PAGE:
The lawyers of Golitko & Daly, P.C. have helped countless clients in and around Indianapolis with major lawsuits and legal cases. We offer expert legal counsel for lawsuits involving construction accidents, helping clients navigate the complexities of the system with strength and confidence.
We began looking at the various steps in a construction accident lawsuit the other week. Let’s continue this exploration by discussing how cases are built around strong evidence.
What Happens Once the Paperwork Is Completed?
Now that all of the initial paperwork is out of the way, attorneys for both the plaintiff and defendant can start to build their cases. This is known as the discovery phase, and it involves gather information that will strengthen a case. New evidence may arise that helps either sides of a case or multiple sides of a lawsuit with their respective cases.
Understanding the Discovery Phase
In essence, the discovery phase involves examining and collecting evidence, conducting witness interviews, and noting any other pertinent information that may help with a legal claim. The vast majority of this discovery phase occurs outside of the actual courtroom. When an issue arises between the plaintiff and the defendant during discovery, a judge may help resolve matters to help ensure that the case progresses in a fair manner.
What Can Be Discovered
The discovery stage of a case allows lawyers to gather any information that may be relevant to their respective cases so long as it is not legally protected. This may include the following:
- Documents related to the incident
- Testimony from witnesses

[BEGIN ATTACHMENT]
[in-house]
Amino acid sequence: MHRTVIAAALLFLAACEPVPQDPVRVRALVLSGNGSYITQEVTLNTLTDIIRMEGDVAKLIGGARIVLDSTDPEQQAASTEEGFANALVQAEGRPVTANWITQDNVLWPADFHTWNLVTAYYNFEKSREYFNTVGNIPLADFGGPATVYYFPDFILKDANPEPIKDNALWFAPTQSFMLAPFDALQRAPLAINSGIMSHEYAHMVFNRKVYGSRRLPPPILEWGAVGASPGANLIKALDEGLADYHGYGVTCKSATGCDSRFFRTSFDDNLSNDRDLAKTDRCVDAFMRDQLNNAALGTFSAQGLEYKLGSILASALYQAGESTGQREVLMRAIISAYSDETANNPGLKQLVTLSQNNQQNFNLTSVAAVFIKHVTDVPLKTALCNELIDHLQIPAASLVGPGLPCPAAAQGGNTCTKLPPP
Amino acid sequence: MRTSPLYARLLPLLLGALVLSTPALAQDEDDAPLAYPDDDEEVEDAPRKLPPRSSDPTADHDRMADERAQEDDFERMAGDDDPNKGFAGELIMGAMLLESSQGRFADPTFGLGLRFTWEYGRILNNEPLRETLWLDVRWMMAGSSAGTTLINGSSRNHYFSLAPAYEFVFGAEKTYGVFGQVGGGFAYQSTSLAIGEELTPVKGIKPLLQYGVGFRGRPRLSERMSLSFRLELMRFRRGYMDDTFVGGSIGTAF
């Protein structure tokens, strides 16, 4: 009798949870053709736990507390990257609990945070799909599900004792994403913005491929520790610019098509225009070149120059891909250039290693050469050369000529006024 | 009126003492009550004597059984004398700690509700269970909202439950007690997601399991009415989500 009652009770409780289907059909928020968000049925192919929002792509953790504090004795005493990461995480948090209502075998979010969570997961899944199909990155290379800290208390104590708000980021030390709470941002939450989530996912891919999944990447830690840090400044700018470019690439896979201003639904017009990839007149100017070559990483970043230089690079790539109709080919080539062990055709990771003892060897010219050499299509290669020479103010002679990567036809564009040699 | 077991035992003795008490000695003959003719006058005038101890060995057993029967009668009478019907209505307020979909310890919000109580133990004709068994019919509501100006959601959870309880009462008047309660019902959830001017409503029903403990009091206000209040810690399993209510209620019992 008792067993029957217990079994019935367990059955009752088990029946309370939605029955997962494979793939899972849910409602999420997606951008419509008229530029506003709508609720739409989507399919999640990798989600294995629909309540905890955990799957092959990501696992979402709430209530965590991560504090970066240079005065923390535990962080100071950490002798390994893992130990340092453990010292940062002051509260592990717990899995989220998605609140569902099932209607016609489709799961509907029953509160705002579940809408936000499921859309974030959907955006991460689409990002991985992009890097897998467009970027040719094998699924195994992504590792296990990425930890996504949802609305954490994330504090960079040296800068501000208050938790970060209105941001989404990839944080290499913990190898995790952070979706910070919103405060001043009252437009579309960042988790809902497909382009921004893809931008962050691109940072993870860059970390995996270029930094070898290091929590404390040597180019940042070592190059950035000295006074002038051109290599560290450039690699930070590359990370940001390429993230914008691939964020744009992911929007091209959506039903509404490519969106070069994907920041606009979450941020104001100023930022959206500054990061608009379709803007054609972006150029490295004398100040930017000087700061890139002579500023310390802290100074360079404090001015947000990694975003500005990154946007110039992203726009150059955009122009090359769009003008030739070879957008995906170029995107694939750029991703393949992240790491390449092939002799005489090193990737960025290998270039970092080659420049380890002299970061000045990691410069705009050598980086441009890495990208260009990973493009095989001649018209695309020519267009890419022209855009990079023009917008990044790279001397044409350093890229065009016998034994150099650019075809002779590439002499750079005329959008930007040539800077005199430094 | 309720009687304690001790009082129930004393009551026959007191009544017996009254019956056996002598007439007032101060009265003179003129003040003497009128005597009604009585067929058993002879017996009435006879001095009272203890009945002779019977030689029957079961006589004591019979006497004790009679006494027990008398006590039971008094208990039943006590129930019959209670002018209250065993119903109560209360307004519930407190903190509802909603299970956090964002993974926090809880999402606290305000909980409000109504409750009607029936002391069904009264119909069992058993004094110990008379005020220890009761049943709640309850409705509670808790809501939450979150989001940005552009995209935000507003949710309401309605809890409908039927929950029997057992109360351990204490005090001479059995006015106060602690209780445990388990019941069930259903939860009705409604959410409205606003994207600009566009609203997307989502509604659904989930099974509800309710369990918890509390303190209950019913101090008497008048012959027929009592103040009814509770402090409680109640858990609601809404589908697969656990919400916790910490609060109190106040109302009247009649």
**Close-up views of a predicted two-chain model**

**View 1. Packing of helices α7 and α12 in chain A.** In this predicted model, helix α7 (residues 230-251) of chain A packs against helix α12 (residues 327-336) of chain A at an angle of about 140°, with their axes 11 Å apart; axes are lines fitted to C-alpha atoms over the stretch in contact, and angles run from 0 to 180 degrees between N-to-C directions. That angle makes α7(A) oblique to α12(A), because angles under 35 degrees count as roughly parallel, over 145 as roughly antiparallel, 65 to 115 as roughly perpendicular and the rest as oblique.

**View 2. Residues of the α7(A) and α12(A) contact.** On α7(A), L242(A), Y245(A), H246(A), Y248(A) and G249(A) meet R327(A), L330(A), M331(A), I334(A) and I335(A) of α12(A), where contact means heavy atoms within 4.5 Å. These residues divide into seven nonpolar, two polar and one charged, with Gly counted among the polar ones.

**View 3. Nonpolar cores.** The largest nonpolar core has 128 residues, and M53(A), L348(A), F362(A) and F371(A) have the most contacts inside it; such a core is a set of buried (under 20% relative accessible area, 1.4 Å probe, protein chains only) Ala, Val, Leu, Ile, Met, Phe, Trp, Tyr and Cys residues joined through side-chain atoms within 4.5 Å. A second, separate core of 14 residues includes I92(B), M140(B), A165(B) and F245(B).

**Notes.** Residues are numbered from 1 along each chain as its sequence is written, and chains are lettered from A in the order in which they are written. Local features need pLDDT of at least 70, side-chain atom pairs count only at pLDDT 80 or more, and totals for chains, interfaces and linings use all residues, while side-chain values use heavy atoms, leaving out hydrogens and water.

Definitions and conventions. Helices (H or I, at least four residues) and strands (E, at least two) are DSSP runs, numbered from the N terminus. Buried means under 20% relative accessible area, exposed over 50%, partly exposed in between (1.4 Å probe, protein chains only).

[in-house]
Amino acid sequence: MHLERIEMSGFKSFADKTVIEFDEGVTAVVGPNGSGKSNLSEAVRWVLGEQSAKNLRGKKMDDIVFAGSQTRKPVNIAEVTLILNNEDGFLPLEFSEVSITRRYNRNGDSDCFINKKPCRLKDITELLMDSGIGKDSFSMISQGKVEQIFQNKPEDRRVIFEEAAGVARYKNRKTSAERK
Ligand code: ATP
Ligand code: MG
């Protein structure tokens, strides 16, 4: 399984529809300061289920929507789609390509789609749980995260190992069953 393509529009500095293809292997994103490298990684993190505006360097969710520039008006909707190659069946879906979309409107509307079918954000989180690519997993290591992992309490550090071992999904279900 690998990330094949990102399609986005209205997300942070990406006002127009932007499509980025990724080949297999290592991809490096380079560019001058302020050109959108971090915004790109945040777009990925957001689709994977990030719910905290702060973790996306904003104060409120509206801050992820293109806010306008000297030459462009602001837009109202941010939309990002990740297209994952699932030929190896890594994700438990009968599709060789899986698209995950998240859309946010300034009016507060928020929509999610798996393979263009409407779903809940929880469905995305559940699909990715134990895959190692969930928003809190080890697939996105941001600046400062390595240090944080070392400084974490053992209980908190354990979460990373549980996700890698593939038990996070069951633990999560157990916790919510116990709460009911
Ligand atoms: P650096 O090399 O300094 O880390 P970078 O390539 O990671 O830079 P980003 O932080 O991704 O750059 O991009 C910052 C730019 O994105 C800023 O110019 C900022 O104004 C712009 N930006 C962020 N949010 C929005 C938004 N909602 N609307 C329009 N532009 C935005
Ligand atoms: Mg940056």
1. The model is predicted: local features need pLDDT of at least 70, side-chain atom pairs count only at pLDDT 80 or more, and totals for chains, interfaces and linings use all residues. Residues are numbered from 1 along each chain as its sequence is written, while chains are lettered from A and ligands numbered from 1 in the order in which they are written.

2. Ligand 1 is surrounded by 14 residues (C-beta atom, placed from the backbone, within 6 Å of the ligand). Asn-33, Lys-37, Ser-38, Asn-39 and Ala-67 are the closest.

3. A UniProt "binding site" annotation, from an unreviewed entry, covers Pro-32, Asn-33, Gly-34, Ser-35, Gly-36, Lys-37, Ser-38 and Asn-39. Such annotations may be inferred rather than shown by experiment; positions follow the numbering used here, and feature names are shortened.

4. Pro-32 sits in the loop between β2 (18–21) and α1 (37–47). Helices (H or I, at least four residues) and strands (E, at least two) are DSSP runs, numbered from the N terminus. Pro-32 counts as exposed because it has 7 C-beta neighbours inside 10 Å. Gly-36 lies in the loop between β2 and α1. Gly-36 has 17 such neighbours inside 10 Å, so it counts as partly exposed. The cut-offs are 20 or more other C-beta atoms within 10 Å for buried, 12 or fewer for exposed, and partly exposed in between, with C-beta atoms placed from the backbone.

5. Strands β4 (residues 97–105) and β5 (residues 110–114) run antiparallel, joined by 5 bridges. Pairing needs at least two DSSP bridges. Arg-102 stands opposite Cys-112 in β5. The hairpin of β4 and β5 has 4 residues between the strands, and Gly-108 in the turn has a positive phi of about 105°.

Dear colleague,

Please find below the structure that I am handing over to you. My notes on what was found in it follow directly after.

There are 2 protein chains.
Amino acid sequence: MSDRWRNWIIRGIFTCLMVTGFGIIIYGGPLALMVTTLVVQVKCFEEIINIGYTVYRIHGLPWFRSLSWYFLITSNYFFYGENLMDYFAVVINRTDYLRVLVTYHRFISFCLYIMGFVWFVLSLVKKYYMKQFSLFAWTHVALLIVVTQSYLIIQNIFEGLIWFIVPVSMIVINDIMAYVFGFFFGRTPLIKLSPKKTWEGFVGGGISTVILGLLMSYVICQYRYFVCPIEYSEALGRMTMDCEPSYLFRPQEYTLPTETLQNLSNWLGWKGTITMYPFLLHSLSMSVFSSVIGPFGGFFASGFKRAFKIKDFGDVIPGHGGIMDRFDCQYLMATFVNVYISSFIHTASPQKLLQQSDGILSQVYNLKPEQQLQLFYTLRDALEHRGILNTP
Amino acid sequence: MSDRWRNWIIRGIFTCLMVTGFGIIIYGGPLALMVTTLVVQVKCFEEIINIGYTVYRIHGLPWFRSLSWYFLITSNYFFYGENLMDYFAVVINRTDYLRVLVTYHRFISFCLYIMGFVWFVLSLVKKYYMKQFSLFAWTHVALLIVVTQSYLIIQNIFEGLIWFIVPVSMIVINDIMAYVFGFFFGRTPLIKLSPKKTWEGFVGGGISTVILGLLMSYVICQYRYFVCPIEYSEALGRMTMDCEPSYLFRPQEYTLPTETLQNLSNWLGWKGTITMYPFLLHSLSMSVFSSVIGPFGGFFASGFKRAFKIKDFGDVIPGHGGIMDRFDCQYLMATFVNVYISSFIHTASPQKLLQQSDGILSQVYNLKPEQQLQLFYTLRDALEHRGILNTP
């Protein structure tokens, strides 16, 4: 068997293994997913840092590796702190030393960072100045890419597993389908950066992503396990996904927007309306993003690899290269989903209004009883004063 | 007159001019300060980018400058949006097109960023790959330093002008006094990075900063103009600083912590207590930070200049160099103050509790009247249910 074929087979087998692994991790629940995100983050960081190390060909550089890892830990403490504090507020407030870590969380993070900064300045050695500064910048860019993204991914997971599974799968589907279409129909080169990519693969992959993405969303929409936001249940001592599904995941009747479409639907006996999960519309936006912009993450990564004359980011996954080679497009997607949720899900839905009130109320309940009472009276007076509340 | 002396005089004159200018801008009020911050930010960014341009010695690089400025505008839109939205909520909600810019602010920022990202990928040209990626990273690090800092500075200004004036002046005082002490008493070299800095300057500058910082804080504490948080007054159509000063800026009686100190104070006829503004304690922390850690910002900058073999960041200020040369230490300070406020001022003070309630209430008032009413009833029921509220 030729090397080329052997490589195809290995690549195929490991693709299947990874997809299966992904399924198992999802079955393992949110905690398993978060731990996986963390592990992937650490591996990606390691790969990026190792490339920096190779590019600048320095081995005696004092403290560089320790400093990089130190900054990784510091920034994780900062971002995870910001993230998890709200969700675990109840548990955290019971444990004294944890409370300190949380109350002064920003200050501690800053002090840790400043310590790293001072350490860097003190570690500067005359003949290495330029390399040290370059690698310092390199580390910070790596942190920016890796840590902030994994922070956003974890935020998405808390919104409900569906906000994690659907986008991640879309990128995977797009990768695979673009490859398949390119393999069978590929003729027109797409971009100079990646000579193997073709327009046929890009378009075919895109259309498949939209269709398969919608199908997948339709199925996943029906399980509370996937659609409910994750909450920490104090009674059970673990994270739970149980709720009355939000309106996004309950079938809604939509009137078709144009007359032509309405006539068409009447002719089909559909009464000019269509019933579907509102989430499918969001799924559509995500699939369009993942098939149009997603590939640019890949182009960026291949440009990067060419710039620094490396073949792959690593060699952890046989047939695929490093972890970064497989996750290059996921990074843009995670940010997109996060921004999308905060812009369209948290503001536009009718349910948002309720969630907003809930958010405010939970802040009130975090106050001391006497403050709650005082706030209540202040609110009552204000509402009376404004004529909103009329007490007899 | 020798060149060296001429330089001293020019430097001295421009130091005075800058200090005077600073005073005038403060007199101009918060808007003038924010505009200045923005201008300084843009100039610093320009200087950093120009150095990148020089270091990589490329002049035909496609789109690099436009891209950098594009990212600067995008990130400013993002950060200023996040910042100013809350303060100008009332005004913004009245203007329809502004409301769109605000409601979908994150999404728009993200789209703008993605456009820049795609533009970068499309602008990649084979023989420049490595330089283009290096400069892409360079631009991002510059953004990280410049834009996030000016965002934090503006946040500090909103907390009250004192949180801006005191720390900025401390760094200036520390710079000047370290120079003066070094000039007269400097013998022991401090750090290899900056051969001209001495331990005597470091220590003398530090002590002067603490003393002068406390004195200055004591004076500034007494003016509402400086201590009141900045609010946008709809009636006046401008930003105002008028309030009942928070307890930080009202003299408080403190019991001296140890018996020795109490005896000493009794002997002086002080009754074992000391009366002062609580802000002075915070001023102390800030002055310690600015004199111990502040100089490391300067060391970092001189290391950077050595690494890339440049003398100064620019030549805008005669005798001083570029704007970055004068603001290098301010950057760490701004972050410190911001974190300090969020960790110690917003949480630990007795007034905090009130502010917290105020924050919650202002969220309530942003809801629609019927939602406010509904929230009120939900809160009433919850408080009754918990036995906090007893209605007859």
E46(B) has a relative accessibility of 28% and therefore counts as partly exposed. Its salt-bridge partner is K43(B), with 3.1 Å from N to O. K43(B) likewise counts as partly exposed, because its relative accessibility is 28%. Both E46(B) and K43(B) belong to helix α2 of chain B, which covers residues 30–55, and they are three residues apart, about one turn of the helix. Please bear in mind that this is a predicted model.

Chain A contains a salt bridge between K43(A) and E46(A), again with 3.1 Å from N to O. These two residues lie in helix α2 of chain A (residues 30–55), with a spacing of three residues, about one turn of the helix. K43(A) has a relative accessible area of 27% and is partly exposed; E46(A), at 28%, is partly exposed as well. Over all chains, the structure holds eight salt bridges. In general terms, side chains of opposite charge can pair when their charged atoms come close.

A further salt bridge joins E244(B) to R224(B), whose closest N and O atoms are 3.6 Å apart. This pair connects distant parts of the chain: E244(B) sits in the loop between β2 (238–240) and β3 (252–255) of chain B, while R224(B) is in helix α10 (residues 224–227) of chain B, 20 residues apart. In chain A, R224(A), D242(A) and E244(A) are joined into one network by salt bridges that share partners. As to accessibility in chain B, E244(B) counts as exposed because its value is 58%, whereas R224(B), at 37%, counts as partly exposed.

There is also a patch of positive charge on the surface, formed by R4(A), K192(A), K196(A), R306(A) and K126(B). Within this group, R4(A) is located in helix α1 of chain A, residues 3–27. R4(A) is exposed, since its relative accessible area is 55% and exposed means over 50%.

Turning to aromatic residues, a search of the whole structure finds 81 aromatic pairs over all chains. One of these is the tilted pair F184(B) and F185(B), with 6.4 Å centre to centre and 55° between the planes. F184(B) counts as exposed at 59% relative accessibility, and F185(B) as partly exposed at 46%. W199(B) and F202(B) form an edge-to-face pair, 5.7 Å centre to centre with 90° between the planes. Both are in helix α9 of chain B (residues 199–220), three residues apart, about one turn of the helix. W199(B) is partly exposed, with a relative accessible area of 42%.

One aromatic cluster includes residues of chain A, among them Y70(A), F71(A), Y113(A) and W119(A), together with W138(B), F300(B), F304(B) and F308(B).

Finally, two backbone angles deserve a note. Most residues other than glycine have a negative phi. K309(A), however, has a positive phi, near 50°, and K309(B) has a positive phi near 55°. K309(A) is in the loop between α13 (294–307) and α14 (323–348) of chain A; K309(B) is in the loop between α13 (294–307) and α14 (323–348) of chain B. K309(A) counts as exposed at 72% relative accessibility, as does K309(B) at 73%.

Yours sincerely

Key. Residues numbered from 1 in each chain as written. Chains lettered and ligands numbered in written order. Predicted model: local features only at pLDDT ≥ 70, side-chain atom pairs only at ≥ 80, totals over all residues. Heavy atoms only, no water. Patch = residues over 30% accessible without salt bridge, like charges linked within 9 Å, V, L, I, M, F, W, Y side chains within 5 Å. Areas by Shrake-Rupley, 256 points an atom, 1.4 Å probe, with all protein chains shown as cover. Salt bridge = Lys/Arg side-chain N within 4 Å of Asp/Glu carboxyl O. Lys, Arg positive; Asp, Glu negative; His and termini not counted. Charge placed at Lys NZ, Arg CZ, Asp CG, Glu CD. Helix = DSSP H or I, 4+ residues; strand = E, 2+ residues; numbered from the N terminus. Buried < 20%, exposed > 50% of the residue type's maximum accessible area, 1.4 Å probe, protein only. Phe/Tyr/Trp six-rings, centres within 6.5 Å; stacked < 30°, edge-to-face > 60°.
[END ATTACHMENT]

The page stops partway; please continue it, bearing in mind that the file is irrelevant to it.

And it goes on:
- Background information of these witnesses
- The identities of other potential witnesses
- Comments about the incident that occurred at relevant times or places
- Information on business practices
Information That May Be Off Limits During Discovery
As noted, some information may be legally protected. This may include the following:
- Confidential/privileged conversations that are verbal or written (e.g., discussions between spouses at home, conversations between attorneys and their clients conversations, conversations between doctors and their patients)
- Private or personal matters (e.g., information regarding personal health, sexuality, religion, etc.)
- Information on third parties not involved with the lawsuit (e.g., co-workers, family members)
Depositions allow lawyers to conduct interviews with the witnesses of a case under oath. These interviews are often recorded to ensure consistency in the pre-tial and trial phases of a case. Any inconsistencies can be noted by opposing attorneys during the trial to the jury.
Requests for Production of Evidence
Simply stated, these are formal requests for the production of evidence pertinent to a case, such as contracts, bills, records, and receipts. This may also be a formal request to examine physical evidence in the case.
Interrogatories refers to the written communication between the sides of a case, often containing questions and responses. These are also admissible in court during trial.
Requests for Admission
Requests for admission allow both sides of a case to attest to the authenticity of facts and evidence in a case. These admissions are done under oath to help establish certain matters to be brought up in trial.
Speak with the Lawyers at Golitko & Daly, P.C.
If you require legal assistance following a major work injury, be sure to contact our team of construction accident and injury attorneys today. The lawyers of Golitko & Daly, P.C. will guide you through various phases of the legal process.